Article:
This is a large secluded park that has several small entrances off residential roads, so unless you’re exploring Bloomsbury’s side streets it’s very easy to not know it’s here.
With a name like St George’s, you won’t be surprised to learn that this pocket park is a former graveyard. What might surprise you though is that it was a graveyard shared by two churches, the Nicholas Hawksmoor church, St George’s Bloomsbury, and the church of St George the Martyr in Queen’s Square, now known as St George’s Holborn.
Neither church is next to the gardens though, as this was one of the early graveyards to be set up remote from its church. This was a time when the church’s graves were filling up so they decided to start buying remote plots of land to create more space.
The land was bought in 1713 and the burial ground opened in 1714. It was split into two separate plots, lengthways, with St George’s Bloomsbury having the northern side, and St George the Martyr having the southern side.
As there was a belief that being buried close to the church meant getting being nearer the front of the queue for redemption on the day of the Last Judgment, there was some reluctance to be buried in a plot of land so far from the church. It wasn’t until the influential churchman, Robert Nelson announced that he was happy to be buried there that other people were willing to take the plunge.
Celebrity endorsements are not a modern thing.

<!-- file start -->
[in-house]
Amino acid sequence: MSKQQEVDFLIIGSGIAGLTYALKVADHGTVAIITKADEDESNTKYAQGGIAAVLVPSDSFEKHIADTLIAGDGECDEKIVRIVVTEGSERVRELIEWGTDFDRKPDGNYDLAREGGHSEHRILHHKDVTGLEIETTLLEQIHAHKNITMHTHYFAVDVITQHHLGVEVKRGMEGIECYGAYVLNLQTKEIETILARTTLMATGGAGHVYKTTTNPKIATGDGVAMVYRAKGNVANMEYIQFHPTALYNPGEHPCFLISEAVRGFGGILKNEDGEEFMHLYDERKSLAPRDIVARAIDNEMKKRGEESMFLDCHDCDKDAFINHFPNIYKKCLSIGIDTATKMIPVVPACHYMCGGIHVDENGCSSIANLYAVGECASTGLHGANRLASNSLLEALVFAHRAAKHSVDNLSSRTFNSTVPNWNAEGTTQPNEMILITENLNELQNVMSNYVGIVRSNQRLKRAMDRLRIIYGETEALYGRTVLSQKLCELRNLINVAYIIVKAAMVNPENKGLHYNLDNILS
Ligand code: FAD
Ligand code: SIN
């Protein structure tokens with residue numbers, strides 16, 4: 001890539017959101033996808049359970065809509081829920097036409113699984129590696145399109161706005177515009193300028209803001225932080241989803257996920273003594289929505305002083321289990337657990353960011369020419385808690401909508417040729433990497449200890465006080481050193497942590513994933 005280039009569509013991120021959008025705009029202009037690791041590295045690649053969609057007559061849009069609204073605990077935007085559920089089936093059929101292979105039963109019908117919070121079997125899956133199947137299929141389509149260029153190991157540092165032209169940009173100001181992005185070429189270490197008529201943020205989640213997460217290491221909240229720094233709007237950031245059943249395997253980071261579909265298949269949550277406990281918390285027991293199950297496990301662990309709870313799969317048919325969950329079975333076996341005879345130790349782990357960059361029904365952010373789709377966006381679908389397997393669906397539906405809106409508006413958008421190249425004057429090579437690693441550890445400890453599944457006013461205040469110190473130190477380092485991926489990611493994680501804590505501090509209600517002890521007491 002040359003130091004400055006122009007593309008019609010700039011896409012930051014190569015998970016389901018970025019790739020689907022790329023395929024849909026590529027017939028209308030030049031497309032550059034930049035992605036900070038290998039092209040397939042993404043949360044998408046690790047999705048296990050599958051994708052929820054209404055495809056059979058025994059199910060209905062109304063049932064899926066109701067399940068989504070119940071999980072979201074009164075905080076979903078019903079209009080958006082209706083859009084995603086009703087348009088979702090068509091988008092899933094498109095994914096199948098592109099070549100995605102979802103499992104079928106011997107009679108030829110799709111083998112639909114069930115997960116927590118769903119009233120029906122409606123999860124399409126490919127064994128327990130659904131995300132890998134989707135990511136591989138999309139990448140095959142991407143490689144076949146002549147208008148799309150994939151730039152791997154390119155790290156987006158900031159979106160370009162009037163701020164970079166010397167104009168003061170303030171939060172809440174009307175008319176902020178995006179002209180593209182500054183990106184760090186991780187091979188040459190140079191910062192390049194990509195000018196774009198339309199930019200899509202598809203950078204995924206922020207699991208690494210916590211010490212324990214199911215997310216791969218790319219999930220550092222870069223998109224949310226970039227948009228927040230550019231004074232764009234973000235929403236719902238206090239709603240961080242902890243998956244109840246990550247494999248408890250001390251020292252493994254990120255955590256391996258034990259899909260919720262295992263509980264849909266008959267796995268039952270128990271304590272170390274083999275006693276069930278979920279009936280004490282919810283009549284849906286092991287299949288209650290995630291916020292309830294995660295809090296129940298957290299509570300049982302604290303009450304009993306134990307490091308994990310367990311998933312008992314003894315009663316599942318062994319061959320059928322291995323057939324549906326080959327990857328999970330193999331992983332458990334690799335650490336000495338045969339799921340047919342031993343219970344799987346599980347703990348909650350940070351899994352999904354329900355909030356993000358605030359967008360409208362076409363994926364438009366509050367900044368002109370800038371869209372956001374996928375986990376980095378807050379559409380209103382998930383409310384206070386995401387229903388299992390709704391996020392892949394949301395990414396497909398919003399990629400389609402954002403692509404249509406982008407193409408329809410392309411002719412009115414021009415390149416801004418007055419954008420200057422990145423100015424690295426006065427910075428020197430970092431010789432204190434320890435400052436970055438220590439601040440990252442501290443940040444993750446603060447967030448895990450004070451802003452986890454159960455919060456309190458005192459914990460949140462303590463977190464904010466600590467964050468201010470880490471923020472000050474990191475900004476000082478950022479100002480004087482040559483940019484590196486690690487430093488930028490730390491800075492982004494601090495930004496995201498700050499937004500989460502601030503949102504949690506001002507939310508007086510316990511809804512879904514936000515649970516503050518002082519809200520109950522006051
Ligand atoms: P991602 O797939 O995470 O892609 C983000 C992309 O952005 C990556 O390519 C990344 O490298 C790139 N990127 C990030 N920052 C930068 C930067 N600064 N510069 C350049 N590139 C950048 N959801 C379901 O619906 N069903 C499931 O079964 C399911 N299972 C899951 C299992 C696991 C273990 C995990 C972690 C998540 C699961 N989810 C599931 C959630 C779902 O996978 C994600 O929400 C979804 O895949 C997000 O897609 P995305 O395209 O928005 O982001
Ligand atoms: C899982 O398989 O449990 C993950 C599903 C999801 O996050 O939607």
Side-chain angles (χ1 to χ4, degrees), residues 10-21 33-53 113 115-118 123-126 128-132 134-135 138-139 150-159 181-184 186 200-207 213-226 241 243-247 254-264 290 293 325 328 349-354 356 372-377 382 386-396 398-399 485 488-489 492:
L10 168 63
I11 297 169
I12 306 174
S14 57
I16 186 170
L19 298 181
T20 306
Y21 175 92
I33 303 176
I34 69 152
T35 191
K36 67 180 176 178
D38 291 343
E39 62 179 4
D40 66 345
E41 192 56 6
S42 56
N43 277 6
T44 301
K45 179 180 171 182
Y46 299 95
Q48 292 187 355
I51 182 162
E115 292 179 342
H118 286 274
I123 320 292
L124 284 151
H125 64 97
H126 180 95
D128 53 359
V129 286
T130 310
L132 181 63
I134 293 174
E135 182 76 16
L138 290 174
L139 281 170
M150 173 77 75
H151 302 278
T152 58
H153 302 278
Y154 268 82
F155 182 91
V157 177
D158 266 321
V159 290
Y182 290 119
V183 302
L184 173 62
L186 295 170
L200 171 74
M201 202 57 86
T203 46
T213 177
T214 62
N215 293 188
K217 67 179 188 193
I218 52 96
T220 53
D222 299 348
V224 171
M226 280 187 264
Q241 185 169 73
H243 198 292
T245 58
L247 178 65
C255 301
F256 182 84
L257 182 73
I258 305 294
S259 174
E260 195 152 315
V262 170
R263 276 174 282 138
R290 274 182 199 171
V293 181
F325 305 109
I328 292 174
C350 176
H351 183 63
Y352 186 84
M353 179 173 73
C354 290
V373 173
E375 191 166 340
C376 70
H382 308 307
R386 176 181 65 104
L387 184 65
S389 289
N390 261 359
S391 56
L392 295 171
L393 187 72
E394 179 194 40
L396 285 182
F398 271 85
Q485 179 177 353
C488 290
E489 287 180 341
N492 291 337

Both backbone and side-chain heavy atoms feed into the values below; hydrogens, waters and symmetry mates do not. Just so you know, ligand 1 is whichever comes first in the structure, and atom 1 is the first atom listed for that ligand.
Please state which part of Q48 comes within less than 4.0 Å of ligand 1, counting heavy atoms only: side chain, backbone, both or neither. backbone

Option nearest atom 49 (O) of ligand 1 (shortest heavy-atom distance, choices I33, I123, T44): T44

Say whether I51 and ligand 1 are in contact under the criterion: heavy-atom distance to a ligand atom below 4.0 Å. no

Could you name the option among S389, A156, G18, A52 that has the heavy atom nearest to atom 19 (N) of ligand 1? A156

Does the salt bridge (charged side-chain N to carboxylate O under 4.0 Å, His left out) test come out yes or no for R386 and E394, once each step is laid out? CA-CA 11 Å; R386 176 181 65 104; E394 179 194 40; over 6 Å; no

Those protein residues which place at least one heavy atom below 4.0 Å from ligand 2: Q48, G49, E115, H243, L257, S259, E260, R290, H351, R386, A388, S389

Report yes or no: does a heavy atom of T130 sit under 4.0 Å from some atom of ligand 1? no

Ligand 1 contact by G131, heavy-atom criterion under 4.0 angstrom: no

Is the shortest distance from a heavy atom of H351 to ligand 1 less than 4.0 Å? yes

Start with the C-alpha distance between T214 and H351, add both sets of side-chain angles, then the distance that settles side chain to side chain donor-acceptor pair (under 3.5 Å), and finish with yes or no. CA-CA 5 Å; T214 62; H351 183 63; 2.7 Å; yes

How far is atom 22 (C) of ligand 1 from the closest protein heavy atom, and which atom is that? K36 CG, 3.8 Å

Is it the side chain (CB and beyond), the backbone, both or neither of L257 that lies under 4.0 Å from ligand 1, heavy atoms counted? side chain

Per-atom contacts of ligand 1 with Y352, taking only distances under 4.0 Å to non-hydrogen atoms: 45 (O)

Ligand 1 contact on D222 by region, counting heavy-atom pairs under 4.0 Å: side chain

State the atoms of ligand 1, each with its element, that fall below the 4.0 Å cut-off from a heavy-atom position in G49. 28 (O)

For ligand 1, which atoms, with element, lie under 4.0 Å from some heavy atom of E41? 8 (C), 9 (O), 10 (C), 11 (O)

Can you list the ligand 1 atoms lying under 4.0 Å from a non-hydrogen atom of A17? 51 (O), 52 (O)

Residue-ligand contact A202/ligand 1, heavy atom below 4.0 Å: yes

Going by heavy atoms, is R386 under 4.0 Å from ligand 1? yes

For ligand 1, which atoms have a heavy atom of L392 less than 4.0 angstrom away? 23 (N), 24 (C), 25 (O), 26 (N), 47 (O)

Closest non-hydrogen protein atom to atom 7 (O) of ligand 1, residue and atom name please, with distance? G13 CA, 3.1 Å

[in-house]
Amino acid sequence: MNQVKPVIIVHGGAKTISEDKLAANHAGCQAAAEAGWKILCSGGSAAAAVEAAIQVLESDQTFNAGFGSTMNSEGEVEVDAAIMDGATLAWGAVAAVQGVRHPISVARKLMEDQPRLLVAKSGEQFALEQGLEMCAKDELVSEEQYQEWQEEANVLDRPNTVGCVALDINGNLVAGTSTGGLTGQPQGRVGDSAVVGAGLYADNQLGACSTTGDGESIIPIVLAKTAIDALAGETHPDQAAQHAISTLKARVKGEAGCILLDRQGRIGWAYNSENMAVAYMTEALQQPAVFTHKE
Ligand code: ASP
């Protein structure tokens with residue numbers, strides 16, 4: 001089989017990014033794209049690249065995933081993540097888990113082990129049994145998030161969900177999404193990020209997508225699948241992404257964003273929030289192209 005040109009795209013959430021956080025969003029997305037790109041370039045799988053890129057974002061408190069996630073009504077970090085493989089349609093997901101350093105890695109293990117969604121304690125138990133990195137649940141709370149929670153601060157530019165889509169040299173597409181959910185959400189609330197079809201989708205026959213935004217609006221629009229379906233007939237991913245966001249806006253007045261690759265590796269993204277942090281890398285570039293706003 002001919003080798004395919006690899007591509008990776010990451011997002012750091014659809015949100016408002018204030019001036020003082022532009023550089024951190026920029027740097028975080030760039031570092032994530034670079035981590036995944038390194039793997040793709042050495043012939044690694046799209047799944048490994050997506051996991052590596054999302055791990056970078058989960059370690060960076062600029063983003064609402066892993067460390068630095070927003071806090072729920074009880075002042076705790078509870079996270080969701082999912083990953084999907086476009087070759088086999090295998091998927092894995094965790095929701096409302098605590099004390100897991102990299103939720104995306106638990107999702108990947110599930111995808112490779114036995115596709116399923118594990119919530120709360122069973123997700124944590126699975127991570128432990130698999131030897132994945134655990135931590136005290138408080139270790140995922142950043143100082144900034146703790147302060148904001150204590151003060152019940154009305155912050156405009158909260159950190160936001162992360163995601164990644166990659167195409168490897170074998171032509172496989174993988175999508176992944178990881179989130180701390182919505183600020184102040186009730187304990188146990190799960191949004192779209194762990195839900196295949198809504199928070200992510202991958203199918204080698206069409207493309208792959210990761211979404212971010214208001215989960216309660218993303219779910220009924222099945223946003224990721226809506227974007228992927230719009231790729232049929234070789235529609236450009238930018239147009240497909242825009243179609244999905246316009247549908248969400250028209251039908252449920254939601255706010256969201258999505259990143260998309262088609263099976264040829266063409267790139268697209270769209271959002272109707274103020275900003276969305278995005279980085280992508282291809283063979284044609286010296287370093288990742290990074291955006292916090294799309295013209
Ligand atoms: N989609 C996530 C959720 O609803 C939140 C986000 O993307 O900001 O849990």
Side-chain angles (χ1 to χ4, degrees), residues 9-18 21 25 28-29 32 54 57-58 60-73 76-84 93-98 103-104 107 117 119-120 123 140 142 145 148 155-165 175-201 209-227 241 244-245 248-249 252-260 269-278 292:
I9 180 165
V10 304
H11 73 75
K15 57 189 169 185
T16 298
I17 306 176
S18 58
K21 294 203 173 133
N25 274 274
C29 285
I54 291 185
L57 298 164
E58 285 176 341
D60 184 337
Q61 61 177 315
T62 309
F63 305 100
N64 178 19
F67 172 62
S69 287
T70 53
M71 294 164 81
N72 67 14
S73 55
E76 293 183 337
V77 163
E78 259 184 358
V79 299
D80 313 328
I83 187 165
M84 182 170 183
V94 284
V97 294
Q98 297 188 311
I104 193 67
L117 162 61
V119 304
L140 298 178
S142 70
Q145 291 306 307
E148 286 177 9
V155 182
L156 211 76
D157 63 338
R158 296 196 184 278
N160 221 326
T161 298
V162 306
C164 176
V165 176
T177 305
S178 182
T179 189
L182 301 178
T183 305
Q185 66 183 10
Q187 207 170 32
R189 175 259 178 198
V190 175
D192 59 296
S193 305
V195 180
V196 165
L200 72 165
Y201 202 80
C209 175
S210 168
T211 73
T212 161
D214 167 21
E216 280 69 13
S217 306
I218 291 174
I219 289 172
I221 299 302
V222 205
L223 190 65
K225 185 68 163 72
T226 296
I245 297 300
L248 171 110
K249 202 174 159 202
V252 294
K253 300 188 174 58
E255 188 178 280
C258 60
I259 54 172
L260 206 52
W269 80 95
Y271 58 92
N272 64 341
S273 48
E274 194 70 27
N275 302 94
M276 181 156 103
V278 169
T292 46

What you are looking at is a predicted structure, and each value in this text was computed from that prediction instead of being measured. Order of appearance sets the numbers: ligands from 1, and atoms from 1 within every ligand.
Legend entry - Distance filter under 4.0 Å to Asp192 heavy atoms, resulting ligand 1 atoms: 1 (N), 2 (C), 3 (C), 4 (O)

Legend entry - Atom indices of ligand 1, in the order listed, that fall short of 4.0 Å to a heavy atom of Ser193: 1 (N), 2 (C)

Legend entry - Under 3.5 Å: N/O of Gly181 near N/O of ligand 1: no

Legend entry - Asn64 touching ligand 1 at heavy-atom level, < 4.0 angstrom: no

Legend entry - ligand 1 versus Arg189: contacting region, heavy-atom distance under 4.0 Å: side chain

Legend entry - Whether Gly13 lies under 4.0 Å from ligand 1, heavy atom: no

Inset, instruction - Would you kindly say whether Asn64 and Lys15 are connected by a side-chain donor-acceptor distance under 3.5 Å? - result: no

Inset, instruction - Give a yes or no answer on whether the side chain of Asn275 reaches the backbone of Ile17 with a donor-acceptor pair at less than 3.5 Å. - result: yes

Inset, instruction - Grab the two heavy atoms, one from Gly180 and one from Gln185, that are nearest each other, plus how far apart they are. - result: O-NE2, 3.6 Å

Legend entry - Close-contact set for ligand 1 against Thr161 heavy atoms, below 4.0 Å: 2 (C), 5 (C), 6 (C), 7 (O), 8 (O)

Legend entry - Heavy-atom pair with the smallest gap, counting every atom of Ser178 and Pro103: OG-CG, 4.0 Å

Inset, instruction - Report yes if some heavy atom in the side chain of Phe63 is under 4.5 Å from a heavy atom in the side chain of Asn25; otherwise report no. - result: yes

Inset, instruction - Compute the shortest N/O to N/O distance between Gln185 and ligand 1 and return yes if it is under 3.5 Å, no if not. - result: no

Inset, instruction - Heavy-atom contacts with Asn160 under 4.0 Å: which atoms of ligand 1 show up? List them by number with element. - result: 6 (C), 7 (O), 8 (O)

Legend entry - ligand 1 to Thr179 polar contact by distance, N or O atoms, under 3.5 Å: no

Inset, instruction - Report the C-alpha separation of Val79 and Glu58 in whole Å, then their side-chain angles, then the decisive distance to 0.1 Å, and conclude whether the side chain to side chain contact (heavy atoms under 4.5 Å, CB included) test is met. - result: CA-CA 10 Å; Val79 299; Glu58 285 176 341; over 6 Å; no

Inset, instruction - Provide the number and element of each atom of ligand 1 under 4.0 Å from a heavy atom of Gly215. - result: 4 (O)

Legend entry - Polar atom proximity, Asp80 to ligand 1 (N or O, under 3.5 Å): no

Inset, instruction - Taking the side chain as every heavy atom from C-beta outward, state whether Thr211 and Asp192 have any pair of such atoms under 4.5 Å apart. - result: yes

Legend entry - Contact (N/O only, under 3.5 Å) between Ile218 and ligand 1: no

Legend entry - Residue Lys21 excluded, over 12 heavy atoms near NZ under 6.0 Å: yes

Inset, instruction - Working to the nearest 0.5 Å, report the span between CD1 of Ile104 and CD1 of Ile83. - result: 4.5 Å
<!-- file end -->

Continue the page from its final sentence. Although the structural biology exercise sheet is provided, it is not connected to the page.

Following the ending of burials of the now packed full graveyards in 1854/5, St George’s Gardens were opened as a public park in 1884/1889, and as by now most of the area had long since ceased to be fields, this was a rare spot of greenery in the area.
In 1997, the gardens were awarded Lottery funding to be renovated, and the restored gardens reopened in 2001.
The park is dominated by the large number of London plane trees which cast a cool shade over the area, and dotted around are some of the monuments from past burials. A meandering path runs around the edge of the park, which is lined with bedding plants.
Of the monuments, an 18th-century obelisk is distinctive. A terracotta statue depicting Euterpe, muse of music stands alone in the garden, and was previously sited in the Apollo Inn on Tottenham Court Road.
You’ll notice in places a row of stones in the grass — these mark the former boundary between the land allocated to the two churches.
Although open as a park to visit, the gardens remain consecrated ground.